Earls of Egmont, please could someone explain to me how a line becomes extinct

+4 votes

Aside from the fact that they have no heirs,  I followed the line of Earls of Egmont down, and at one stage, I think the 5th Earl of Egmont died without children, and the title travelled over to a half first cousin, once or twice removed.   Wouldn't that happen in this case ? Or ? And if so why not. 

Sorry, If I sound uninformed but I am.  

I am writing a report for work about Mt Taranaki in New Zealand, the Mountains other name is Mt Egmont, named after the 2nd Earl of Egmont.  I thought it might be a good side line, because the report is about political issues.    

Earls of Egmont,  Earls in General ... Anyone in the know about extinction. 

Please and Thank you laugh

in The Tree House by Pare Chase G2G6 Mach 1 (12.3k points)
After about 1300-1400 in England titles were mostly granted to lawful heirs male of the body of the grantee.

"Of the body" means descendants only.  The title can go from the 15th earl to a very distant cousin, so long as the distant cousin is a direct descendant of the 1st earl, the original grantee.  But it doesn't go out through the brothers and cousins of the 1st earl.  It becomes extinct when the 1st earl runs out of direct descendants.  (The alternative, found in Scotland, is "heirs male whatsoever", which means you can go back to the grantee's father's descendants, grandfather's descendants etc)

"Heirs male" means all-male lines only.  The tree is pruned at daughters.  Likewise "lawful" means all-legitimate lines only.  Legitimate sons of daughters and bastards don't get a look-in.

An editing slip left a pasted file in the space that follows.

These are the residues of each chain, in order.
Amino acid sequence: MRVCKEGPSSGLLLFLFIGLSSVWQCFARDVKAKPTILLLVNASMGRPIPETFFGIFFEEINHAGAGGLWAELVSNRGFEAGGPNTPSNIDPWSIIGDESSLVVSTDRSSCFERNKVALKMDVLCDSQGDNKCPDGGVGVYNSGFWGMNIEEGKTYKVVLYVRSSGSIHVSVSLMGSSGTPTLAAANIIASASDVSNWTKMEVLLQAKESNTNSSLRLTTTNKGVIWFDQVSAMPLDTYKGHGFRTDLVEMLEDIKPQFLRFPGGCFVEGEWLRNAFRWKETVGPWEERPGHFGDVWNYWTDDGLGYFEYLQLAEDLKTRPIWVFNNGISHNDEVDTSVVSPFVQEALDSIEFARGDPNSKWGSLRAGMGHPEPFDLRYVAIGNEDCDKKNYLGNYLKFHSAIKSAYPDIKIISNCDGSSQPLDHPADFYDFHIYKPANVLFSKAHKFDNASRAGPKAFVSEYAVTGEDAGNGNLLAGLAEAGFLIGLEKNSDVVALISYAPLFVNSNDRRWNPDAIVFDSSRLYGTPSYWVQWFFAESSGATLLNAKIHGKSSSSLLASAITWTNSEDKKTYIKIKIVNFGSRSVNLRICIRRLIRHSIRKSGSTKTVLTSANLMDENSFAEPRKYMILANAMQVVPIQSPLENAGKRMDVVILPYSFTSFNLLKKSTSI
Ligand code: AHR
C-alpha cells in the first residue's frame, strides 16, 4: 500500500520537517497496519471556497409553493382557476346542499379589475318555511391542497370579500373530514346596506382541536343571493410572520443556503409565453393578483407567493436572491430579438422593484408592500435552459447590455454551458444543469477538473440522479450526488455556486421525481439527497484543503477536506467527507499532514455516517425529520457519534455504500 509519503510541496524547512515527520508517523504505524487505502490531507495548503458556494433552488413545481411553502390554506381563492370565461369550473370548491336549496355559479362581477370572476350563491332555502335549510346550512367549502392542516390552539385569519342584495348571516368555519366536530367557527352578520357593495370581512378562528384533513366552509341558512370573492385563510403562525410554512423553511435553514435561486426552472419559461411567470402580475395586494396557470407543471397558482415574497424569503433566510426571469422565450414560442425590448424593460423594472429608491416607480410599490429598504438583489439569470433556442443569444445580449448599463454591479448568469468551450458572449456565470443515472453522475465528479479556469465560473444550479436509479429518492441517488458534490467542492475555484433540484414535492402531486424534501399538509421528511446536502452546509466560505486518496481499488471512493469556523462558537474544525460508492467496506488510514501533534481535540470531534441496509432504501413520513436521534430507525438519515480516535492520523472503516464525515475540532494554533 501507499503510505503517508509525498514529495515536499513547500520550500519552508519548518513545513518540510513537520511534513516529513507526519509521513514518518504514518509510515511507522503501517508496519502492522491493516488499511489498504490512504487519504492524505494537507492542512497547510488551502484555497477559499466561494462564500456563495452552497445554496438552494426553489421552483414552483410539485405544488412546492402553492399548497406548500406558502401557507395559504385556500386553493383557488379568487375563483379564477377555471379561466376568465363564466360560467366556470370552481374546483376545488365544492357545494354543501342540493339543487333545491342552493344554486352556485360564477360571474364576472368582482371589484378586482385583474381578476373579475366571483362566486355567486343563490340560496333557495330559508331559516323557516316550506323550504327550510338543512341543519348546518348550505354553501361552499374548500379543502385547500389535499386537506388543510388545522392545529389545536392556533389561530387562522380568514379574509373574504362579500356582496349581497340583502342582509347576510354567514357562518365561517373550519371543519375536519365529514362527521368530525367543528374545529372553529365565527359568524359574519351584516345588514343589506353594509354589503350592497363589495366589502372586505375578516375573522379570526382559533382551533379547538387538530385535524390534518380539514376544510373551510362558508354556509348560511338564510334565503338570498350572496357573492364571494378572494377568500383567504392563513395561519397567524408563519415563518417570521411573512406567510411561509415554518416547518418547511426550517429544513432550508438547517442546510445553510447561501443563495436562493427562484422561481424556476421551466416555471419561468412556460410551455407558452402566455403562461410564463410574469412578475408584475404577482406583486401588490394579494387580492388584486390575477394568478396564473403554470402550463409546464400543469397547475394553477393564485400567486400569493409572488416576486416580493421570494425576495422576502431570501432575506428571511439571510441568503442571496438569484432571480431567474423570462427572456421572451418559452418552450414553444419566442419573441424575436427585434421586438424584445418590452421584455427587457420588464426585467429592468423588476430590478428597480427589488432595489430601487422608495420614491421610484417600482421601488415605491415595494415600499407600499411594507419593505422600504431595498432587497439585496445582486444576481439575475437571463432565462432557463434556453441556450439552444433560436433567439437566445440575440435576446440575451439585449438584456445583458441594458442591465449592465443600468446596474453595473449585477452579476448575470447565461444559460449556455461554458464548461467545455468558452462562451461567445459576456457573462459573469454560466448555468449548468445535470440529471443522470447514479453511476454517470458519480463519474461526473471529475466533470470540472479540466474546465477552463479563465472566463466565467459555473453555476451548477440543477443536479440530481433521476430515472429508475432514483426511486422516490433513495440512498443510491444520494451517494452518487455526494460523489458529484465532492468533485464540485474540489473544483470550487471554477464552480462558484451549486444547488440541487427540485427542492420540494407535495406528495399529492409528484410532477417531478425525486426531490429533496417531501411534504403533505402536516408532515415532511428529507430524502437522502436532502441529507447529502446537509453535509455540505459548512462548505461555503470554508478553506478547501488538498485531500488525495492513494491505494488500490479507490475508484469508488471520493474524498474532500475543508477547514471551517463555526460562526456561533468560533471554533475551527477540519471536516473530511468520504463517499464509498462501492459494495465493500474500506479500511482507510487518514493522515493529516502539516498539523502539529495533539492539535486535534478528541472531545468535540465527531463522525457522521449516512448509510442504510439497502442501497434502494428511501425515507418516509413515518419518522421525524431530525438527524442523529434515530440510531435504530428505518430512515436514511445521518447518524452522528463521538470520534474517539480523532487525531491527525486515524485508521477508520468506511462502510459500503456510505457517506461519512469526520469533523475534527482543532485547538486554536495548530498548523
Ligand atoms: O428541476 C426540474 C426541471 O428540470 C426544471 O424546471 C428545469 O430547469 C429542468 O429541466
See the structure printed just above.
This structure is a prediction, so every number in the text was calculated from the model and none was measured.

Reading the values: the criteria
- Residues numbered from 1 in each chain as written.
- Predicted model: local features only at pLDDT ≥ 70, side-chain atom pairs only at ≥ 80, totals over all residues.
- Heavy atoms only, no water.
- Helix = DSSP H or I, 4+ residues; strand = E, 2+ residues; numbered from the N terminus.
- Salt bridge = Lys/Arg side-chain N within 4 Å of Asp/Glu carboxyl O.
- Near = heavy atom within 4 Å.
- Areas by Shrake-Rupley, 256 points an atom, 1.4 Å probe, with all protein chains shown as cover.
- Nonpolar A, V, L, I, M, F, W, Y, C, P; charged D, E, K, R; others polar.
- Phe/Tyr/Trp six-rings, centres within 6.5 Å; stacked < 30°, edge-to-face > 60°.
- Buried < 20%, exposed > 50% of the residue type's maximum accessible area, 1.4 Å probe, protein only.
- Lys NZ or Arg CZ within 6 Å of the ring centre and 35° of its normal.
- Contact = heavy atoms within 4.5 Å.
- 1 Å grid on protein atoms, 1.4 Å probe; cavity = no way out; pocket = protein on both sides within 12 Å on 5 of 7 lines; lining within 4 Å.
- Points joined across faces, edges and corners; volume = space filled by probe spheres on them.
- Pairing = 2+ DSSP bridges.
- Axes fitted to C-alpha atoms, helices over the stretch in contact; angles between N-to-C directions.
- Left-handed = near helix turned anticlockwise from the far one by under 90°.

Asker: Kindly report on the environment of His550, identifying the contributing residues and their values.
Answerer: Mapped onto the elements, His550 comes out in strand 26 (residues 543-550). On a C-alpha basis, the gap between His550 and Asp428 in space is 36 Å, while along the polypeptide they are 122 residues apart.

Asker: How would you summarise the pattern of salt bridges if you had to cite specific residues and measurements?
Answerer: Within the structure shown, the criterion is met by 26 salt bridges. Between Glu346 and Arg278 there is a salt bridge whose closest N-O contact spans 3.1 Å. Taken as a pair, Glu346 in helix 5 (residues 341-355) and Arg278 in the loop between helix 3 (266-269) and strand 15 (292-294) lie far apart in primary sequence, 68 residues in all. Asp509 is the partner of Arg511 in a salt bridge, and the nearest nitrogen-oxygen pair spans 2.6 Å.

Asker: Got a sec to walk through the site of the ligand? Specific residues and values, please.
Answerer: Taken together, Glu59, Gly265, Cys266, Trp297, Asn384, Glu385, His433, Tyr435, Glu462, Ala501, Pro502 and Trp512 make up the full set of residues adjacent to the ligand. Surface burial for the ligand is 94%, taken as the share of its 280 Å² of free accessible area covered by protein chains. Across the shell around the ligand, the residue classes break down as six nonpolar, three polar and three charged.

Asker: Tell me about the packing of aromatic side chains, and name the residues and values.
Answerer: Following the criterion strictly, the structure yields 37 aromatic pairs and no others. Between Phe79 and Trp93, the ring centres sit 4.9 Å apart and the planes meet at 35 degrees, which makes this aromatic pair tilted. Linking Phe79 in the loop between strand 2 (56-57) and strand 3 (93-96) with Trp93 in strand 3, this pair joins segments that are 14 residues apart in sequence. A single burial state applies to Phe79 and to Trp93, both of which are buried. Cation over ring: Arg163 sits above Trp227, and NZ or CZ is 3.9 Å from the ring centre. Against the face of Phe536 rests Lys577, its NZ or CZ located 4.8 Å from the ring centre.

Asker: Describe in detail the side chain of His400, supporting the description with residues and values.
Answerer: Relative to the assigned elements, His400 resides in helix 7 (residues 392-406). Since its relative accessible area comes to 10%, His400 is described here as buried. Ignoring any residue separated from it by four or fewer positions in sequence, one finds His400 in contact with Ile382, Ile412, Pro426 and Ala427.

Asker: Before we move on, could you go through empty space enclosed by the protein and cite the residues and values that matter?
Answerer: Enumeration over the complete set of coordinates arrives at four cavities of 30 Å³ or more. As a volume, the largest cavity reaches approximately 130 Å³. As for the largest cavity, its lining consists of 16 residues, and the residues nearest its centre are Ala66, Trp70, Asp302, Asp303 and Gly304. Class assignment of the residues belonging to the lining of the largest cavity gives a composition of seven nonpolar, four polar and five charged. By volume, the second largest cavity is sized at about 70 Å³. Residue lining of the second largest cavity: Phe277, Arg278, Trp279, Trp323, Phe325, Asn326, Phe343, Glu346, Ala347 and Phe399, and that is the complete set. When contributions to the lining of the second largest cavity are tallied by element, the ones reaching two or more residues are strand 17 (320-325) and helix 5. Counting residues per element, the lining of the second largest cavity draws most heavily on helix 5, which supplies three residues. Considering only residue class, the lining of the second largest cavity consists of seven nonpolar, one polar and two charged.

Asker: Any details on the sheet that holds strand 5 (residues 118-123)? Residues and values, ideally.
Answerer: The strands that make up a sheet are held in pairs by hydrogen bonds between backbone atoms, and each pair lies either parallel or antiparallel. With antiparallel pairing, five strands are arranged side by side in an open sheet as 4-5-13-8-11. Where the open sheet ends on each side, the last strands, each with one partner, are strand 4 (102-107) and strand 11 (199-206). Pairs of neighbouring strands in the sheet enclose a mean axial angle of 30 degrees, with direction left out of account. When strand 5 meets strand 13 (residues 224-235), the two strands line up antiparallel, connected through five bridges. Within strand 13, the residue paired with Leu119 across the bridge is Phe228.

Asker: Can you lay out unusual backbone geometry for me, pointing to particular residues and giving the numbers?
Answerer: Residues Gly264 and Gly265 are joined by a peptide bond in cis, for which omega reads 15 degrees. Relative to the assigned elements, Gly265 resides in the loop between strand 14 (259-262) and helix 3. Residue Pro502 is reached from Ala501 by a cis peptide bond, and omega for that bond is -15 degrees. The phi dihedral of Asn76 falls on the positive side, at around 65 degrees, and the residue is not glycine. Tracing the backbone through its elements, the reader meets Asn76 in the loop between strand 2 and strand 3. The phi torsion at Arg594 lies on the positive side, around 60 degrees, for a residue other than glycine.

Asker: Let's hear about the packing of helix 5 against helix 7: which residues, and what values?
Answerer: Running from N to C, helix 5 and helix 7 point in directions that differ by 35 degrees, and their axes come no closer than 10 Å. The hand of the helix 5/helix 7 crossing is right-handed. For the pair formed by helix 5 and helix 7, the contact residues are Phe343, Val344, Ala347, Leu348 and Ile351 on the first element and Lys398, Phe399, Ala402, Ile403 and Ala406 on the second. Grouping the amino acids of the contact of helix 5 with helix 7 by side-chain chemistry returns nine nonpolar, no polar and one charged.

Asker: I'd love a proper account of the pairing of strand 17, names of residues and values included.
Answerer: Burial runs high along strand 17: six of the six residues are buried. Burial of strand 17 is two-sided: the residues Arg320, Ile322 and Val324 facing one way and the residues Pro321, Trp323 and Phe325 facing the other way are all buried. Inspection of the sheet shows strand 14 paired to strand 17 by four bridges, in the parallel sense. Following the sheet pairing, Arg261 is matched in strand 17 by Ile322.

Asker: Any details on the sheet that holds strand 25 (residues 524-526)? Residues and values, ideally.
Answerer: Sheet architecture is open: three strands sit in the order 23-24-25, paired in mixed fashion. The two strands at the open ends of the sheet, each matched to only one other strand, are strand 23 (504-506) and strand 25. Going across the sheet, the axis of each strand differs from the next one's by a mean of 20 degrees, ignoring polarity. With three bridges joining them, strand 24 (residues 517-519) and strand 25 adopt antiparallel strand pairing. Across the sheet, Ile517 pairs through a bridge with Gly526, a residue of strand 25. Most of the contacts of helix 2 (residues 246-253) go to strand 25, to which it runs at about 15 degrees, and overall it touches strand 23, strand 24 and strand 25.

Often this meant that the property descended through a daughter or sister and the empty title went to some cousin without the estates.

Thank you so much RJ Horace,  all those terms, and you explained them really well. I really felt the "order" of things.  yes

I think there has been a legislative change within the last few years enabling female heirs to inherit titles. Prior to that change, to the best of my knowledge, the only title that could passed to a daughter was that of the 1st. Duke of Marlborough.

I don't think that bill has gotten anywhere beyond being proposed.

This is an interesting list of peerages inherited by women.

2 Answers

+8 votes
Best answer

Succession of a title depends on the terms under which the title was created by letters patent.  The rules can be different for different titles.  The earl of Egmont was created by letters patent in 1733 with the stipulation that it be inherited by the male heirs of John Perceval, 1st Earl of Egmont.  When Thomas Perceval, 12th Earl of Egmont (1934–2011) died in 2011 there was no one left (apparently) with a direct male line only descent from the first earl and the title became extinct.  So, in this particular case the title could not be passed through a daughter; this is not true of every title

by Joe Cochoit G2G6 Pilot (232k points)
selected by Lynda Crackett

Wow!  Amazing stuff!  Thank you for sharing your knowledge Joe Cochoit  yes

+6 votes

The family line died out leaving no living relatives. "a half first cousin, once or twice removed." Might have been related by marriage but not a blood relative of Egmont.

by David Selman G2G Astronaut (1.1m points)

Thanks, David Selman, that was at the 5th Earl or maybe the 6th, so it probably fit the criteria, since it didn't become extinct till the 11th.   I feel so up with the play now. yes

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